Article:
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Body Image Issues: Not Just for Girls Anymore

photo credit: Beverly & Pack via photopin cc

I’ve never bought into the mentality that parents of boys have it easy compared to parents of girls. The teenage years, the theory goes, are hell for the girls and smooth sailing for the boys.

Oh, but if it were that simple!

My teenage years were relatively drama free, so I don’t see any reason to believe that every girl suffers in the same ways. We are more complex than that. That’s not to say that it’s easy to be a teen girl these days, but I don’t know why we dismiss the problems that boys face so readily. What about bullies, trying to be a man (whatever that means, right?), dealing with sexuality?

I think that being a boy has always been pretty hard, too.

But at least parents of boys don’t have to worry about body issues right?

Well, not exactly. 

I’ve already talked about male anorexia – unfortunately it affects boys too. But the New York Times had a recent story about a mainly male body phenomenon: The obsession with bodybuilding.

“There has been a striking change in attitudes toward male body image in the last 30 years,” said Dr. Harrison Pope, a psychiatry professor at Harvard who studies bodybuilding culture and was not involved in the study. The portrayal of men as fat-free and chiseled “is dramatically more prevalent in society than it was a generation ago,” he said.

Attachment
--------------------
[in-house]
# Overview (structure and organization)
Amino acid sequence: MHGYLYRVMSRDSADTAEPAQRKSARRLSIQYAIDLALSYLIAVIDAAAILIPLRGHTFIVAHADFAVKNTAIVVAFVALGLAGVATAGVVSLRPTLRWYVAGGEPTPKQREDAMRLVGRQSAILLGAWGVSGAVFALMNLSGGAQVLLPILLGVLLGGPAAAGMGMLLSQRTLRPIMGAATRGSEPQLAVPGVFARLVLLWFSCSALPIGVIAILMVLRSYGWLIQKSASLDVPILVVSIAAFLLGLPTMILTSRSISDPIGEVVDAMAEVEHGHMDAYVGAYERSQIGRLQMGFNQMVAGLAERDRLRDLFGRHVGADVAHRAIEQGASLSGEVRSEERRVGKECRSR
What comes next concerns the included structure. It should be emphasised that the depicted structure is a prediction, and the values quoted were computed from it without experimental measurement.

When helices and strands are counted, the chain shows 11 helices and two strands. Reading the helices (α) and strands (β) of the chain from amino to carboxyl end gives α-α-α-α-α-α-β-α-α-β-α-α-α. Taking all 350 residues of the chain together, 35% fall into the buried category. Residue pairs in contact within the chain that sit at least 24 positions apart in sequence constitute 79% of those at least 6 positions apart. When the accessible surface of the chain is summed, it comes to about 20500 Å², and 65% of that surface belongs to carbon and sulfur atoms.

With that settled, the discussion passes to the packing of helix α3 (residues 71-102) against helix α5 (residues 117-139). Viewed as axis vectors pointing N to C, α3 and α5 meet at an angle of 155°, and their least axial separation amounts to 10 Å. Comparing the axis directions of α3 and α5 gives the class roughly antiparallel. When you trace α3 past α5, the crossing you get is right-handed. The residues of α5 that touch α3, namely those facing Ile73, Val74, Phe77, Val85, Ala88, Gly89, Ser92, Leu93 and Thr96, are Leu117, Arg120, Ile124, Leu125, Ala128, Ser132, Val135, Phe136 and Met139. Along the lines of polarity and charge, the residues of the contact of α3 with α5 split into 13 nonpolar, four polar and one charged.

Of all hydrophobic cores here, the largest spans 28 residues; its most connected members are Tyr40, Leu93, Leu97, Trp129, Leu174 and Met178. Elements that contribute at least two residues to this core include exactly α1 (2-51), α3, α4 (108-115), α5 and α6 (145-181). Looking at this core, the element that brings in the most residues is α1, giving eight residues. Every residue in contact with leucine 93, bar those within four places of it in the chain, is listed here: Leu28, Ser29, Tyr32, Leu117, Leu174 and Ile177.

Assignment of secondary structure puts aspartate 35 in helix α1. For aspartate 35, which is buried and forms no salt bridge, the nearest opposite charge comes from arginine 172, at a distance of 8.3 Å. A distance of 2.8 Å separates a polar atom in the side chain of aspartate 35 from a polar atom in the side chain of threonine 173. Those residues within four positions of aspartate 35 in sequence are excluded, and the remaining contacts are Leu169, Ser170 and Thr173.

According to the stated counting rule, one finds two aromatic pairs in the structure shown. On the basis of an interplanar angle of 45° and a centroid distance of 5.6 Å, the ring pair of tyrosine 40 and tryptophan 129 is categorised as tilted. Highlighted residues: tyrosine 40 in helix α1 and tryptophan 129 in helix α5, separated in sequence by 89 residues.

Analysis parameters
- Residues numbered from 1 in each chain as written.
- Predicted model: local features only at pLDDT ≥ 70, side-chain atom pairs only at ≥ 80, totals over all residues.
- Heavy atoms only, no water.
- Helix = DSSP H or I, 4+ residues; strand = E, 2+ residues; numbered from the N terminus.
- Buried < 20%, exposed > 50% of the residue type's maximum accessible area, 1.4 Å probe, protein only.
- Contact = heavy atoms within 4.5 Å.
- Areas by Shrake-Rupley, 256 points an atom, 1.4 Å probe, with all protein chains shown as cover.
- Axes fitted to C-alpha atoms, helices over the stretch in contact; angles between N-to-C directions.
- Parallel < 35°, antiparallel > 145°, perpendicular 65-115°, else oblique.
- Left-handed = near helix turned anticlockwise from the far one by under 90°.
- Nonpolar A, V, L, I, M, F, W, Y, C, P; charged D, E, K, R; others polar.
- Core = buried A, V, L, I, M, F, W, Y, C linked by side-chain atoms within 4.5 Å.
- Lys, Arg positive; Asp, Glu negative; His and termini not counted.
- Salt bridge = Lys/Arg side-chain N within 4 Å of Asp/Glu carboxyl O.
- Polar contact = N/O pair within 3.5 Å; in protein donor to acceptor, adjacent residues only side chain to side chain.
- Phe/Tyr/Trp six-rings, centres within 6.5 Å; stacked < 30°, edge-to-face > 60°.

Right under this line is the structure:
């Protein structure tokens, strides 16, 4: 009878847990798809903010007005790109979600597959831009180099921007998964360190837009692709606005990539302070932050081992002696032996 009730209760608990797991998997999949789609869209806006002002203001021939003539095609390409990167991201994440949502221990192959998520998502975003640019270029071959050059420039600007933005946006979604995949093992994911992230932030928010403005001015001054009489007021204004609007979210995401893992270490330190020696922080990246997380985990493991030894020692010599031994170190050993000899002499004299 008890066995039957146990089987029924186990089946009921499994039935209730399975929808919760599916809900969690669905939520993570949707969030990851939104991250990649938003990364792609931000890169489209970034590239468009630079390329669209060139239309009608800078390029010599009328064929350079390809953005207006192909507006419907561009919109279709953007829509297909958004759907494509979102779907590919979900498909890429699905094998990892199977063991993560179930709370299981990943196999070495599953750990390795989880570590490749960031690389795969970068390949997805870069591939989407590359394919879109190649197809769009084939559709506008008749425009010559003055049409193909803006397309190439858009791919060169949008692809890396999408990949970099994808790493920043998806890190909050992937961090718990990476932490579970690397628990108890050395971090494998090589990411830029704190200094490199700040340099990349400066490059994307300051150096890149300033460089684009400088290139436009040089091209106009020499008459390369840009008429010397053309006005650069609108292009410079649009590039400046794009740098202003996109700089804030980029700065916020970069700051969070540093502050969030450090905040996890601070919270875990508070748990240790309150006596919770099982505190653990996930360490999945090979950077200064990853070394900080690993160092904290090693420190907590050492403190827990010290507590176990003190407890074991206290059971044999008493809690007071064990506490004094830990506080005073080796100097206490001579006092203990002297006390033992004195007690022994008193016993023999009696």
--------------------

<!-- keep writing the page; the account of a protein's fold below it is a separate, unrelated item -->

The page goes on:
While college-age men have long been interested in bodybuilding, pediatricians say they have been surprised to find that now even middle school boys are so absorbed with building muscles. And their youth adds an element of risk.

Just as girls who count every calorie in an effort to be thin may do themselves more harm than good, boys who chase an illusory image of manhood may end up stunting their development, doctors say, particularly when they turn to supplements — or, worse, steroids — to supercharge their results.

This is a tough one. It’s pretty obvious that for many reasons, children are not getting nearly as much exercise as they should. So if boys choose to spend their time in the gym getting physically fit, what’s the harm in that?

Exercise is great. Or course it is. But too much of anything, even a good thing, can be dangerous. As the quote says, steroids and supplements are even more harmful on developing bodies than they are to adult bodies. But to me an equally dangerous aspect of this obsession is psychological — just as with girls dealing with anorexia and bulimia. It’s heartbreaking that boys are measuring themselves to an “ideal” that is probably impossible to attain and that isn’t really the ideal. It’s sad that boys are bonding with each other by turning to body modification, that they measure their worth by the size of their biceps and the slimness of their waists.

What can we do to help our children, both sons and daughters, develop healthy exercise habits without having it turn into an obsession?

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